Collects Fantastic Four No. 416, Cable No. 36, Onslaught: Marvel Universe, Uncanny X-Men No. 337, X-Men: Road To Onslaught and X-Men No. 57 (cover dates September- October, 1996).
What's that smell? Oh wait, it's the writing in these issues! I like my comics as serious as the next guy, but when the characters are this serious, this dramatic, without any trace of humor whatsoever then it's totally laughable. If I were buying monthlies back then I would have quit!
Collects The Twelve Nos. 1-6 (cover dates March- August, 2008)
…and here we have Marvel’s answer to Dynamite's Project Superpowers, and Marvel wins hands down. This is superior in every way, shape and form, thanks to J. Michael Straczynski's excellent writing and the team of Chris Weston and Gary Leach turning in finely detailed artwork that is absolutely beautiful. I really enjoyed seeing characters that were cheesy back-up features from various Golden Age Masterworks dusted off and brought back to life. I think that perhaps that is one of the reasons that this trumped PS; the characters weren't just some ad-hoc conglomerate, but they all retroactively existed in the Marvel Universe. I don't mind ret-cons in this respect. Unfortunately, this series has been put on hiatus for science knows how long, as JMS is busy doing some movie or whatever. This is one of the Marvel Premiere Edition Hardcovers, and I gotta say that I love the format. Sure it has glued and not sewn binding, but these are usually on the skinny side so it is not an issue to me.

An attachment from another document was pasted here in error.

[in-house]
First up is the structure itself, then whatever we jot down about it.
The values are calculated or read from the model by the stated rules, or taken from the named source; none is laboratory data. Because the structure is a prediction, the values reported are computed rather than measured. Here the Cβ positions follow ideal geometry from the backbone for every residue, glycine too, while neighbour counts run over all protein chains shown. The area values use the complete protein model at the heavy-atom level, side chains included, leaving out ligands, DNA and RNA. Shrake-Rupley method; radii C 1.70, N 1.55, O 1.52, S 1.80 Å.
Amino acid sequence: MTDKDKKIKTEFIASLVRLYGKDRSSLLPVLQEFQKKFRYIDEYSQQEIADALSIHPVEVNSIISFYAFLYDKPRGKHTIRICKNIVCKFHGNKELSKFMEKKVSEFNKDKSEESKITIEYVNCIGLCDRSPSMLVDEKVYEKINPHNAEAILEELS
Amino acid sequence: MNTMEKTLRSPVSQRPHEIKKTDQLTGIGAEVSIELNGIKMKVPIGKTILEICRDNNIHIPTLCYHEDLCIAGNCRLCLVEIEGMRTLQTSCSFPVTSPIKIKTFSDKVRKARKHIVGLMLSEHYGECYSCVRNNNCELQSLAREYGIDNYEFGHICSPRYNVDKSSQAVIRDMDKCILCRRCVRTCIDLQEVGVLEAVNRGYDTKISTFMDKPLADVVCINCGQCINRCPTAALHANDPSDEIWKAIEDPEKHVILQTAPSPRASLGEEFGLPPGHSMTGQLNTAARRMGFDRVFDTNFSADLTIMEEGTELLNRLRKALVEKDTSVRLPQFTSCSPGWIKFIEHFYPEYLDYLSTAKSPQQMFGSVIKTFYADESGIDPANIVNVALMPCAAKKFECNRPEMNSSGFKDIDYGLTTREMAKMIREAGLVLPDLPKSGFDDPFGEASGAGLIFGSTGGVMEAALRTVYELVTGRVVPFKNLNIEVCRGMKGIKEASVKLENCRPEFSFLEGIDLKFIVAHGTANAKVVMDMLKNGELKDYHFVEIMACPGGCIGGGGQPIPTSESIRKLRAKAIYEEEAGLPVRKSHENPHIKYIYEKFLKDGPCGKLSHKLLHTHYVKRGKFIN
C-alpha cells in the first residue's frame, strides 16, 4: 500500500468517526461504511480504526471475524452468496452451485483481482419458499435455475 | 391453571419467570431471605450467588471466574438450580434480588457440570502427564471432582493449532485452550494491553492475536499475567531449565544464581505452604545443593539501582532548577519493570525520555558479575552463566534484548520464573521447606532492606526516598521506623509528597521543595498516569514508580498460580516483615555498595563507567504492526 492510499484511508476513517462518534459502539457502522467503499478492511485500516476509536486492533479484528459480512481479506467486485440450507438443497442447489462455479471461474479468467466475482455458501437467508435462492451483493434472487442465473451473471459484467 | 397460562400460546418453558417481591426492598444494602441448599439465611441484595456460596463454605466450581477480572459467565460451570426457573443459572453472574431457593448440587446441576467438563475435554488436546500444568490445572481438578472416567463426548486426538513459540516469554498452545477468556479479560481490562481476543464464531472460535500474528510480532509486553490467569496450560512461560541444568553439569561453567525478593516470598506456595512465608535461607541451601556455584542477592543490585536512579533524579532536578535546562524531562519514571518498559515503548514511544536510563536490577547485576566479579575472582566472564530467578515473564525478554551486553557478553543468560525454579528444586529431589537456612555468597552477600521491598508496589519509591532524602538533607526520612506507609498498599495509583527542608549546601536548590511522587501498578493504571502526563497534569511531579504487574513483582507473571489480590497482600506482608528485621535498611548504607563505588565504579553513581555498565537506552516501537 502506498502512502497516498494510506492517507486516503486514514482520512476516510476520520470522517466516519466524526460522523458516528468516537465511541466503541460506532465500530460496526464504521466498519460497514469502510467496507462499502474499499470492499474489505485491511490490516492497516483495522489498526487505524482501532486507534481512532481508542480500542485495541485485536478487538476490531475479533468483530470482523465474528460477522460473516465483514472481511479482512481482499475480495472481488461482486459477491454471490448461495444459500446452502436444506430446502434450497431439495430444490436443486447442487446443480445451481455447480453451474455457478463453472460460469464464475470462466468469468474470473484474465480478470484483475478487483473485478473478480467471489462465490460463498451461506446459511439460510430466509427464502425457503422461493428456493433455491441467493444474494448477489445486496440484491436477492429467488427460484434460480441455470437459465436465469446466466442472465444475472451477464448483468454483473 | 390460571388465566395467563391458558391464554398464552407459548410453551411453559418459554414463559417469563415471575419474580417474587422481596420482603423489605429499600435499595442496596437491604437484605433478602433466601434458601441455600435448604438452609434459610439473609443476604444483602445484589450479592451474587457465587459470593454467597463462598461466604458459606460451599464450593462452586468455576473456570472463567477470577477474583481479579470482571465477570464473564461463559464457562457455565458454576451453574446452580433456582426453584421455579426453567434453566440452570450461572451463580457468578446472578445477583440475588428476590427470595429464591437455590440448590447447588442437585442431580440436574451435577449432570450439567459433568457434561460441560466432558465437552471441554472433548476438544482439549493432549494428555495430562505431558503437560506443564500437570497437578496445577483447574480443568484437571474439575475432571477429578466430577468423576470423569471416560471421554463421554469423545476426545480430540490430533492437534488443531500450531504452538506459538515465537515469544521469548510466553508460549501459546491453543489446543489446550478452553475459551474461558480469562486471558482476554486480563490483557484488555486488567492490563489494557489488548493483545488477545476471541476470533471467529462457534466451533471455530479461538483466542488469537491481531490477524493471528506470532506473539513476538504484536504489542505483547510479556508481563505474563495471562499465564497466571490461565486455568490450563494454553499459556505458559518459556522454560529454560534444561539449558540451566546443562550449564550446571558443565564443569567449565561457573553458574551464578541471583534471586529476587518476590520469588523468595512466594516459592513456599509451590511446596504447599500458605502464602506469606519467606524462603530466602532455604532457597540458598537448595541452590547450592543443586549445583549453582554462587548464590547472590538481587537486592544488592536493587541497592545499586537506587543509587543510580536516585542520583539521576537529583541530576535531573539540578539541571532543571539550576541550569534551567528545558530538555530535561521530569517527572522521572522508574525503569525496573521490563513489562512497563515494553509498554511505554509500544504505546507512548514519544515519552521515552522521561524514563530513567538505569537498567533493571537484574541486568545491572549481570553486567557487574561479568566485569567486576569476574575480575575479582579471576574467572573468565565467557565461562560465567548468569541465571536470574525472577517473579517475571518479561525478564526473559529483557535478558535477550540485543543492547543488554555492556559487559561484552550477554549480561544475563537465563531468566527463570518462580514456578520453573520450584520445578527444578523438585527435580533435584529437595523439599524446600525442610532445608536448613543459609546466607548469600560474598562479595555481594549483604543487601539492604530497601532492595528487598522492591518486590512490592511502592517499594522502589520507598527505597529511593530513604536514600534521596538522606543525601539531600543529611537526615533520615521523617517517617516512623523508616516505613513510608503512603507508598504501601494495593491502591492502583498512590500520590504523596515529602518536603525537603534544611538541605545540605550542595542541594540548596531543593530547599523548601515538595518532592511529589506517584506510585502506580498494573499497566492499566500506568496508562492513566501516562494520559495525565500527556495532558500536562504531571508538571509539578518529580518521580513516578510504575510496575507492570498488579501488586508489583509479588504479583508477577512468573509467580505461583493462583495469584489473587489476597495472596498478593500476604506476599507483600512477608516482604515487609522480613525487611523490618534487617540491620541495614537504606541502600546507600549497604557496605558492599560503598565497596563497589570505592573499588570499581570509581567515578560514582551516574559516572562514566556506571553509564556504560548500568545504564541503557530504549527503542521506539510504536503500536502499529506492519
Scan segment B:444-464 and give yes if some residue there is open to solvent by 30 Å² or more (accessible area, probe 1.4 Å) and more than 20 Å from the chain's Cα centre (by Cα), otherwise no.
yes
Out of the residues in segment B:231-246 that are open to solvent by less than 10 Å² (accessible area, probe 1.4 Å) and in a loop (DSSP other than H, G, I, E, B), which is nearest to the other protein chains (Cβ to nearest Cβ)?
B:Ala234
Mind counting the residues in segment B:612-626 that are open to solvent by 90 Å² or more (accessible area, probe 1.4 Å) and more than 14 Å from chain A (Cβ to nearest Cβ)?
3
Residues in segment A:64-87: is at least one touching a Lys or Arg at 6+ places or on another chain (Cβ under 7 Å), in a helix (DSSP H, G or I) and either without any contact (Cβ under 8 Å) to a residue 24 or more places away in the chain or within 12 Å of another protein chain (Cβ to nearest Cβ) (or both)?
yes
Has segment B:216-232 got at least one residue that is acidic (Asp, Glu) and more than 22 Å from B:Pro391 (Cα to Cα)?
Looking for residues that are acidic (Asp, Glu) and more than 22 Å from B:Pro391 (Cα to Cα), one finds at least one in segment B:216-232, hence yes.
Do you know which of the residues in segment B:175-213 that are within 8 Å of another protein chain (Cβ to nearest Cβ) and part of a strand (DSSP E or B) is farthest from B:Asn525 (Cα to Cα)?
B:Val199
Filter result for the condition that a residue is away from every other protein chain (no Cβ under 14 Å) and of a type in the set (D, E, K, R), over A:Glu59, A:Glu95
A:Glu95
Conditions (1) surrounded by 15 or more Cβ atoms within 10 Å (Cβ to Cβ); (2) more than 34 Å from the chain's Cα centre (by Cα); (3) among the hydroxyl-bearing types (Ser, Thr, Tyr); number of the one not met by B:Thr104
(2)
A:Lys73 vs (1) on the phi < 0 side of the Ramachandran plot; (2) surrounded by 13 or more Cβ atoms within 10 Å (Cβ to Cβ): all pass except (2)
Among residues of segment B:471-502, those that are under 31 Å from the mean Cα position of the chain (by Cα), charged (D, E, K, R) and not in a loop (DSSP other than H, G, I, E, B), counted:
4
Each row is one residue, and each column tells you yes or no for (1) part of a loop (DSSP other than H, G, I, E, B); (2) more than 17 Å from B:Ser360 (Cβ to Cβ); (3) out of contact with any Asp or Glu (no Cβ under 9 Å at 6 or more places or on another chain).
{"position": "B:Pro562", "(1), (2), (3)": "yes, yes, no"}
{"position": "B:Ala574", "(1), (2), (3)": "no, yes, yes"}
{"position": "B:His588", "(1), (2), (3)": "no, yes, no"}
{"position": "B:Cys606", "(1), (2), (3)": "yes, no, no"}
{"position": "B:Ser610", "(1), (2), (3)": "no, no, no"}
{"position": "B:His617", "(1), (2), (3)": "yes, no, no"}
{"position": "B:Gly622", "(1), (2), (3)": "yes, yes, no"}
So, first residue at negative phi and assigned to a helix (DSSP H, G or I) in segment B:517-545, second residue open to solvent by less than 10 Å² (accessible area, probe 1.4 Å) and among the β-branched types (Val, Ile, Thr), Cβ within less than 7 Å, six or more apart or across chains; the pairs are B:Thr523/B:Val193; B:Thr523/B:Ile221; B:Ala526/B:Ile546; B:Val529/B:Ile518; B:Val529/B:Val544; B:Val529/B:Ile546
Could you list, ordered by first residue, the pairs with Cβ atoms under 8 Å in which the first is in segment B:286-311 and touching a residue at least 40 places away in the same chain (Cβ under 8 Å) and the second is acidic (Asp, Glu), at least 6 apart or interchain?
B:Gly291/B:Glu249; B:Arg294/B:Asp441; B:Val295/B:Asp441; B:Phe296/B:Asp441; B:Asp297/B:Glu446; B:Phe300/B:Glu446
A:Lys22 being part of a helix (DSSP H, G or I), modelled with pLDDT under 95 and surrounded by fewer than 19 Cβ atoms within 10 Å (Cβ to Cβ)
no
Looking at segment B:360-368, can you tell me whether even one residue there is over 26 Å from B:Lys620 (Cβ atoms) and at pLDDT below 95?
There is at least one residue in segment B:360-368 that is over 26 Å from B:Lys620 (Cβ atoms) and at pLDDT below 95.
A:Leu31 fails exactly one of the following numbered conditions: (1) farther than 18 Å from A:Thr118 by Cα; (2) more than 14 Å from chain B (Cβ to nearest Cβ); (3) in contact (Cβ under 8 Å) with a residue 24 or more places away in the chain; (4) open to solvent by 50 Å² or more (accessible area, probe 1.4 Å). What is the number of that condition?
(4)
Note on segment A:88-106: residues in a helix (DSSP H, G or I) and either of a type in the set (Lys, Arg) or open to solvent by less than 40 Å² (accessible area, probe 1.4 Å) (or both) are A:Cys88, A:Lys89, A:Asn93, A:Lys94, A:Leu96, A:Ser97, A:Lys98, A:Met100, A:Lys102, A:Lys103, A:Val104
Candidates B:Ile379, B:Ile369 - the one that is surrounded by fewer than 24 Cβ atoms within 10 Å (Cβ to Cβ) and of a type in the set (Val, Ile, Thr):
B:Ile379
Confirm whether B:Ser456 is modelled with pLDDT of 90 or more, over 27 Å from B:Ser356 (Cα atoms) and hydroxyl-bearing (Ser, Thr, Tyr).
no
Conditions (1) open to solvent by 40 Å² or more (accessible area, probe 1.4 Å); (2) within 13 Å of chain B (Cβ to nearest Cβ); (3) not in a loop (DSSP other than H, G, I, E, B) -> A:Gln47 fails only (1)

Collects Clandestine (Vol. 2) Nos. 1-5 (cover dates April- August, 2008)
Another solid batch of tales of the Destine family and their adventures. Alan Davis' warm writing and artwork make this an enjoyable read. I dislike how the covers are collected in a gallery in the back of the book rather than their proper location as chapter markers. This whole thing reads like one giant story, so maybe that was the point. Who knows?
Collects Marvel Two-In-One Nos. 26-52 and Marvel Two-In-One Annual Nos. 2, 3 (cover dates April, 1977- June, 1979).
Nearly every single Bronze Age journeyman handled this title, and it didn't miss a beat. The Thing is entertaining as the star of his own series, and I hope that they keep the phone books coming all of the way through his solo series in the '80s.
Collects Marvel Adventures Spider-Man Nos. 37-40 (cover dates May- August, 2008)
This series remains a satisfying, if continuity challenged, read. It's a treat to see Swarm again!